The Golf Course Superintendents Association of America reports it has 299 female members among its 18,500 members worldwide, or just over 1.5 percent. That includes 61 female superintendents (Class A and B) — 54 in the U.S., three in Canada and one each in Malaysia, Singapore, South Africa and South Korea. Although still a small percentage, that number has grown since first being counted in 1990. And, only about half of all course superintendents in America are members of the Association, so the overall number of women in the role is likely higher.
As a youngster, Renee Geyer loved mowing lawns. Later, she decided she wanted to mow bigger lawns, i.e. as at a golf course. That led to the pursuit of a career in agronomy, eventually becoming one of a growing number of women breaking through what might be termed the grass ceiling.
“Golf course maintenance was a way for me to combine a love of the game with a love of the outdoors,” said Geyer, superintendent at Canterwood Golf and Country Club in Washington. “I was a late-in-life turf student, but it made complete sense to me once I realized that it was a viable career and something I knew I could accomplish.”
So “for a lot of reasons”, both personal and professional, Geyer decided that after three years of college she would transition into a completely different major from vocal music education and vocal performance. “It was when I realized that I needed to find my happiness and to live for myself that I found the turf industry. I had played golf as a teenager and loved mowing lawns around my neighborhood in my hometown.”
Jill Seymour, superintendent at Charleston Springs Hill Golf Course in New Jersey, had worked on a golf course for the summer and also fell in love….with agronomy that is. “I loved working outside, seeing the sunrise, the hours and the actual work.” She worked at Penn State University’s Valentine Turfgrass Research Facility “where it all began while concurrently earning a Bachelors in Turfgrass.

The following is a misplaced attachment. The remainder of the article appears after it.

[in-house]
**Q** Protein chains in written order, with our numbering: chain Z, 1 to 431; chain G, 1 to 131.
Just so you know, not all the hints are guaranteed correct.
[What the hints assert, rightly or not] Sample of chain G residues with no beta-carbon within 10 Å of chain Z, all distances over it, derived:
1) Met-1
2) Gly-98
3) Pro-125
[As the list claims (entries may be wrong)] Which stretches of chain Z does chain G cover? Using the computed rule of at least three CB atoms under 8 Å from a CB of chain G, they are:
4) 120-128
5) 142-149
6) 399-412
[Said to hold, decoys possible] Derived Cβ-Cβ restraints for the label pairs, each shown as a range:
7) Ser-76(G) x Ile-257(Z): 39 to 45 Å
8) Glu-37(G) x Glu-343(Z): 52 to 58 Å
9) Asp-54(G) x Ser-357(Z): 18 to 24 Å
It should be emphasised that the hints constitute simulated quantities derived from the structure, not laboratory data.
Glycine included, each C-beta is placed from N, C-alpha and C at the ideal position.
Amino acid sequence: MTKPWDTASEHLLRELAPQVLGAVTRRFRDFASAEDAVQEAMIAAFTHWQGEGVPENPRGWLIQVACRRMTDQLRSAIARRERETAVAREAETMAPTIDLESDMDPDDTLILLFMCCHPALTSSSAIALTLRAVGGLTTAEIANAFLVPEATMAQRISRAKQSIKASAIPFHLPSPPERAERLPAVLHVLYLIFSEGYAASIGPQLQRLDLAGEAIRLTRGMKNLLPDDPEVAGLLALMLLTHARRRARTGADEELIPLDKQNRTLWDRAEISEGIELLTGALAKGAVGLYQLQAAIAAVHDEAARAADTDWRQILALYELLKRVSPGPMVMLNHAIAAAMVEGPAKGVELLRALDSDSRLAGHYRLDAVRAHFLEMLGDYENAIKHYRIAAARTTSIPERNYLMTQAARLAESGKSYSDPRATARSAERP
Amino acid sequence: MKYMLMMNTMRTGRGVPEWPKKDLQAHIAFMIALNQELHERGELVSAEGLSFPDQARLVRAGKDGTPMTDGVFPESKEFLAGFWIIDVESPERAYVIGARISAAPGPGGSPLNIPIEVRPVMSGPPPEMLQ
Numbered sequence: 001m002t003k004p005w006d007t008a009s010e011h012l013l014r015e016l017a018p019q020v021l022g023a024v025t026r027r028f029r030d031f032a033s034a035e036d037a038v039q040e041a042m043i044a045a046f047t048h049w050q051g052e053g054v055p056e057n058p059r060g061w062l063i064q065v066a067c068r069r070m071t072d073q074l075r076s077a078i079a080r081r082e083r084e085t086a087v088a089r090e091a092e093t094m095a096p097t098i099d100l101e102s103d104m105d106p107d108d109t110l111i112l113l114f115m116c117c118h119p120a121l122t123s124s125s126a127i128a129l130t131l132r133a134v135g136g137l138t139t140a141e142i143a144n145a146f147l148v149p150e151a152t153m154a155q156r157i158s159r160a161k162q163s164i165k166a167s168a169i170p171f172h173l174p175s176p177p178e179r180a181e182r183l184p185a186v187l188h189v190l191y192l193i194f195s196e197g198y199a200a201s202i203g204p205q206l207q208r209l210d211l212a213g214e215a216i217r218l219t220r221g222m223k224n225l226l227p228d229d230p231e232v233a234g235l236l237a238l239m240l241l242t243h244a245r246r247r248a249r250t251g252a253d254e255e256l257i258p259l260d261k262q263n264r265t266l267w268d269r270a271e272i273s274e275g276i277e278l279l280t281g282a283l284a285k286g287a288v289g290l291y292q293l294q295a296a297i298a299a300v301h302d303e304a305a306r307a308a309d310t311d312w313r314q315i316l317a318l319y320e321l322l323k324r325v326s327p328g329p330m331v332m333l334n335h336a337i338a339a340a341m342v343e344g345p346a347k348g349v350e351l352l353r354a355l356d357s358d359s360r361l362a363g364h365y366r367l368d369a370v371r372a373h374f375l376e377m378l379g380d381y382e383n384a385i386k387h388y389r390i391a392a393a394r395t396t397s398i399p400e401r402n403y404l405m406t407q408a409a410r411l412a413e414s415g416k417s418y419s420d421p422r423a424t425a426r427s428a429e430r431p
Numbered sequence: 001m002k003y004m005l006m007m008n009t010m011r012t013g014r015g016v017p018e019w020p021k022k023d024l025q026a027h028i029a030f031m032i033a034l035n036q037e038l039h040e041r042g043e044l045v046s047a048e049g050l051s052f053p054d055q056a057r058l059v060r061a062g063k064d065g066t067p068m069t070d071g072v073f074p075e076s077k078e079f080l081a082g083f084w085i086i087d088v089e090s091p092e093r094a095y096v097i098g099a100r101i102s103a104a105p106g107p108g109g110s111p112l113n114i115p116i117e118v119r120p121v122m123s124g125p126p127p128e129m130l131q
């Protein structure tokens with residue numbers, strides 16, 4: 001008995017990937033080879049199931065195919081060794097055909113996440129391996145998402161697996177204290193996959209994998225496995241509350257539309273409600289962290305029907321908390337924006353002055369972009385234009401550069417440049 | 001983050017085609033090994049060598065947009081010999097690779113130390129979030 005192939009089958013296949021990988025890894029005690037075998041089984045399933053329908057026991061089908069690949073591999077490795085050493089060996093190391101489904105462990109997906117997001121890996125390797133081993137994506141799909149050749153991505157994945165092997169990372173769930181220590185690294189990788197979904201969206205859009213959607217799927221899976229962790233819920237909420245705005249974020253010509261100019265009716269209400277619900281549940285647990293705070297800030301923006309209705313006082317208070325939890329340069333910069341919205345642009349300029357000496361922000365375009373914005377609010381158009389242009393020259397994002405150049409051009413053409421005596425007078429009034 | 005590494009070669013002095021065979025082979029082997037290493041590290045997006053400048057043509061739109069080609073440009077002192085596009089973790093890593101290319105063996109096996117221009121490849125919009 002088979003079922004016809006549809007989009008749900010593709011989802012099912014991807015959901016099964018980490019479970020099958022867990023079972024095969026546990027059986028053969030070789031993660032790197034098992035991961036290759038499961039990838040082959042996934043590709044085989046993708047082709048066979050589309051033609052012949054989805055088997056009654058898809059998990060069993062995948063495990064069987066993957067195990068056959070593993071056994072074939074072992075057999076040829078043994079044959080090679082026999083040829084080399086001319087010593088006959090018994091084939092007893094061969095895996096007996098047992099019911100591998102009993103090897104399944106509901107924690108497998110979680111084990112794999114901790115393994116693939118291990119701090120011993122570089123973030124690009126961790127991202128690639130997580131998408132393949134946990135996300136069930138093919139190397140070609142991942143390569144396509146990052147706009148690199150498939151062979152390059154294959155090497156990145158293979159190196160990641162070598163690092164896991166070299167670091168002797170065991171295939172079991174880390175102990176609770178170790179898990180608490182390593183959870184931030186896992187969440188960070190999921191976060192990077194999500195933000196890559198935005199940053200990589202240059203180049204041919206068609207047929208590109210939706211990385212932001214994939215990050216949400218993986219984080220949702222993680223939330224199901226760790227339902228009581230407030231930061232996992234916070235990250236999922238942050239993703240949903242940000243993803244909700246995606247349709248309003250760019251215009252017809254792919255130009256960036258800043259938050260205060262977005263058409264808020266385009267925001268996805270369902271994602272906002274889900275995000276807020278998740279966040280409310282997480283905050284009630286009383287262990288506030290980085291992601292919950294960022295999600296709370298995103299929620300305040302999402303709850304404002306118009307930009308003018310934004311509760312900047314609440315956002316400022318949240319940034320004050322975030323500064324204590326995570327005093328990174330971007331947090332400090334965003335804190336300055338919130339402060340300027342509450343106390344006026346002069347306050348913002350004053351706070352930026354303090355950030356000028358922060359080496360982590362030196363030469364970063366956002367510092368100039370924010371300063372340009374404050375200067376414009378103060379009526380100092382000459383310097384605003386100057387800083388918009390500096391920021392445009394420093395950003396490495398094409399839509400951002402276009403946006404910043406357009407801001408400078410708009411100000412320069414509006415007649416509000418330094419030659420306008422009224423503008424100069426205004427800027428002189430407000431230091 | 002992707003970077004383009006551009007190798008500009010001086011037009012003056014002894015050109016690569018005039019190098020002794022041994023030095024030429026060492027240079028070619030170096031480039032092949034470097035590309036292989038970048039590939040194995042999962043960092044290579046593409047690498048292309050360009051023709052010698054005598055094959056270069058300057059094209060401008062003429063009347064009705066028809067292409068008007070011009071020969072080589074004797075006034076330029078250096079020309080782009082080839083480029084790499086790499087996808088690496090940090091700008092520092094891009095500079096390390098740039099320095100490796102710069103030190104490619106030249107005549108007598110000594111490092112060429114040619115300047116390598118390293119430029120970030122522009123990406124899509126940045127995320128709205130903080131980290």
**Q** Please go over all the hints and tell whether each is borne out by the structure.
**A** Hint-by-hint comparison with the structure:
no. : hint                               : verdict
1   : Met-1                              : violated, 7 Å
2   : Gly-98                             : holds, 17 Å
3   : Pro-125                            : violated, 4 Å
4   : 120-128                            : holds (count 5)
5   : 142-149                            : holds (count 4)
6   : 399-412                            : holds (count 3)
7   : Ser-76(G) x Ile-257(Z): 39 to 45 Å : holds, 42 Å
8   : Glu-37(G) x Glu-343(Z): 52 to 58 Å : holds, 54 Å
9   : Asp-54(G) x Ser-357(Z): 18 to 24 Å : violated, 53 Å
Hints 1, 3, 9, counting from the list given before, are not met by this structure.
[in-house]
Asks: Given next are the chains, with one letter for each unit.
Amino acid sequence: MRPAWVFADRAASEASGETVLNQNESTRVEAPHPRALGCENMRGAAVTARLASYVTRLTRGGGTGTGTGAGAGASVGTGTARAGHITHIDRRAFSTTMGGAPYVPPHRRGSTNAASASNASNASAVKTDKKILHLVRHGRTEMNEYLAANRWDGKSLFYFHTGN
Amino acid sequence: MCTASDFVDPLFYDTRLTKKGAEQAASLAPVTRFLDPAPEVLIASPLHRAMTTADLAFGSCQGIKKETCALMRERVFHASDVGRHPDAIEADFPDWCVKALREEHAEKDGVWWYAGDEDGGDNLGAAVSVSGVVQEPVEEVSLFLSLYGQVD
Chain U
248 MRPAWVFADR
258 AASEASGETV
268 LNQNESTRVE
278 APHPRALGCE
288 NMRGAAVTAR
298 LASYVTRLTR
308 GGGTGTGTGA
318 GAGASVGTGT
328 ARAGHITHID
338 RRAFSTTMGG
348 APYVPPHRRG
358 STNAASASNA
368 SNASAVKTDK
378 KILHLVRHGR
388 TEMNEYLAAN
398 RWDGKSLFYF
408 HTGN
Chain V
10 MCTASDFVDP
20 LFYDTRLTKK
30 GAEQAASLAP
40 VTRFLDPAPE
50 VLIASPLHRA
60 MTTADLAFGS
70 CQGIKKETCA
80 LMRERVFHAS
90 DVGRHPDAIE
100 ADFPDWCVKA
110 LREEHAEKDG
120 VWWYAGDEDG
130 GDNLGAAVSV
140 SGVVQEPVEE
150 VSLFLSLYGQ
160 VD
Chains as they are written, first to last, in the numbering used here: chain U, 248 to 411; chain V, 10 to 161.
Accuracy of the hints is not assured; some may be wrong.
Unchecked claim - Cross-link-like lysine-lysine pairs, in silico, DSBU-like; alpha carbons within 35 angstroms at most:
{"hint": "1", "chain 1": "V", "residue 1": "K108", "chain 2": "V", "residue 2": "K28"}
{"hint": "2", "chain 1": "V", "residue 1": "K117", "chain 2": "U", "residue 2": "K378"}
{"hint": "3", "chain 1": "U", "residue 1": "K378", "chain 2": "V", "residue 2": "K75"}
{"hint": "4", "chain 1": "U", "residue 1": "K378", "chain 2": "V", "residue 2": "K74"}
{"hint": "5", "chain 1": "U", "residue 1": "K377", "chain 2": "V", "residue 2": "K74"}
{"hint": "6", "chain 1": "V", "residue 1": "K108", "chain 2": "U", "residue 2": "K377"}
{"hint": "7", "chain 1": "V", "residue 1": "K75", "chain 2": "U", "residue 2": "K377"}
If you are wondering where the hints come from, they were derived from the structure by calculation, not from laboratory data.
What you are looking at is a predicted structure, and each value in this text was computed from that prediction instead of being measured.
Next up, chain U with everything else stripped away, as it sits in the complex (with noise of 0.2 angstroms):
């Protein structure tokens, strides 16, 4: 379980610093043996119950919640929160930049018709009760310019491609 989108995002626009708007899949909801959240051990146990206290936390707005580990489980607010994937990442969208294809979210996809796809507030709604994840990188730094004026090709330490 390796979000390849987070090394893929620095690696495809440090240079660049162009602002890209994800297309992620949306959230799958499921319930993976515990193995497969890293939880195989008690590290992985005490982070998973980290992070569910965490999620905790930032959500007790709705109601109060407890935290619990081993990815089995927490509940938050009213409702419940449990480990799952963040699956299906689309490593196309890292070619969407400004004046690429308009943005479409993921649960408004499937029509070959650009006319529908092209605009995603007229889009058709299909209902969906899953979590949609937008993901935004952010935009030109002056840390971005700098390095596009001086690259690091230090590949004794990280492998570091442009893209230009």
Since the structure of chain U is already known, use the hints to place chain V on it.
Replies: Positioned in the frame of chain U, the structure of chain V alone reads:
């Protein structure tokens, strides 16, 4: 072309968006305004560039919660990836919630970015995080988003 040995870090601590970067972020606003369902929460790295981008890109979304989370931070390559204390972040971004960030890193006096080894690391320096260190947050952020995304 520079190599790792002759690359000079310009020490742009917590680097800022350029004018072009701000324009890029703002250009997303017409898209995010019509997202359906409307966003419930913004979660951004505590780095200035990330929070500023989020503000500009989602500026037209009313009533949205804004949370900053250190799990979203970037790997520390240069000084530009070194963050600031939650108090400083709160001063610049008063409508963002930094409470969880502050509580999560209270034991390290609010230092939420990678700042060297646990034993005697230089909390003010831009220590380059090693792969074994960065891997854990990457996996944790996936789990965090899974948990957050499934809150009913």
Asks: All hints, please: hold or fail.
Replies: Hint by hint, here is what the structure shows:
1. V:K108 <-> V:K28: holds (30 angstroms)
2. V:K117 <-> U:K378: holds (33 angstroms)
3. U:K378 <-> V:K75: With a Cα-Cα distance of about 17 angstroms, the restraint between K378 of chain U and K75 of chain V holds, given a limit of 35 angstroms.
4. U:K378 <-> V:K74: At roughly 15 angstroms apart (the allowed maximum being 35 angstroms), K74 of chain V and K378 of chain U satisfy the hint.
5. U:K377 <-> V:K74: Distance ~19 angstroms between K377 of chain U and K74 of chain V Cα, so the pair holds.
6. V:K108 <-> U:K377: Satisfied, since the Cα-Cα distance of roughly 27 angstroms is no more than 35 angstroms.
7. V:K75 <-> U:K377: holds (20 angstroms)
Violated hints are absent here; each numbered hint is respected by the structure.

Said Seymour, “I had previously been in school earning a psychology degree but once I found out about this field I jumped at the chance to try it out. I enjoyed working with my hands, prepping the course for play for the golfers. I was doing course set up within my first week. The super kept throwing different jobs at me and I can’t remember a single one that I disliked. I was instantly hooked. I’d finally found it!”
Laurie Bland, superintendent at Miami Springs Golf and Country Club in Florida was aware that there weren’t many women in the golf course industry and felt there was a lot of room for growth and new challenges if she went after turf management as a career. Her decision didn’t initially bring standing applause from family and friends.
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“No one in my family or friends really understood why I would go down this path, but once they saw all that I was up too, they came around and thought it was cool.’ Working in turf management might not be for everyone, said Bland. “It could be difficult task on your home/family life. You have to find a balance and always surround yourself with a great support system, both at work and at home. I was very fortunate from early on while attending college that I surrounded myself with great mentors who always checked in with me and made sure I was doing okay and being respected.”
Blend’s advice to women?
“Just simply try it out, if it is not for you at least you learn something new along the way.” She has found support among peers. “In the last 17 years of being in this industry I have worked for and with a lot of men, all with vastly different cultural backgrounds, nationalities, and languages. None of them have ever said I wish you were a man. Although, I’m sure there are a few folks out there who probably still think that it is a `man’s job’; they probably haven’t met a female superintendent yet.”
Laurie Frutchey, superintendent at Rosedale Golf and Country Club in Florida has found her career as a golf course superintendent to be both very rewarding and exasperating. “The pride I take in my work is what keeps me going day to day. On those days when some things are not as great as you hoped, you take a deep breath and wait for the next day. When things are as perfect as possible at the end of the day, you leave with a smile at a job well done. Those are the days that keep me coming back.”
Frutchey worked part time at her college town’s golf course and also “loved every aspect of the job.” She continued, “As I progressed through the field and learned all of the duties of a golf course superintendent, I felt at home. I was never questioned as to why I chose this career. My parents were very understanding, especially after they had paid for my teaching degree, as long as I was happy.”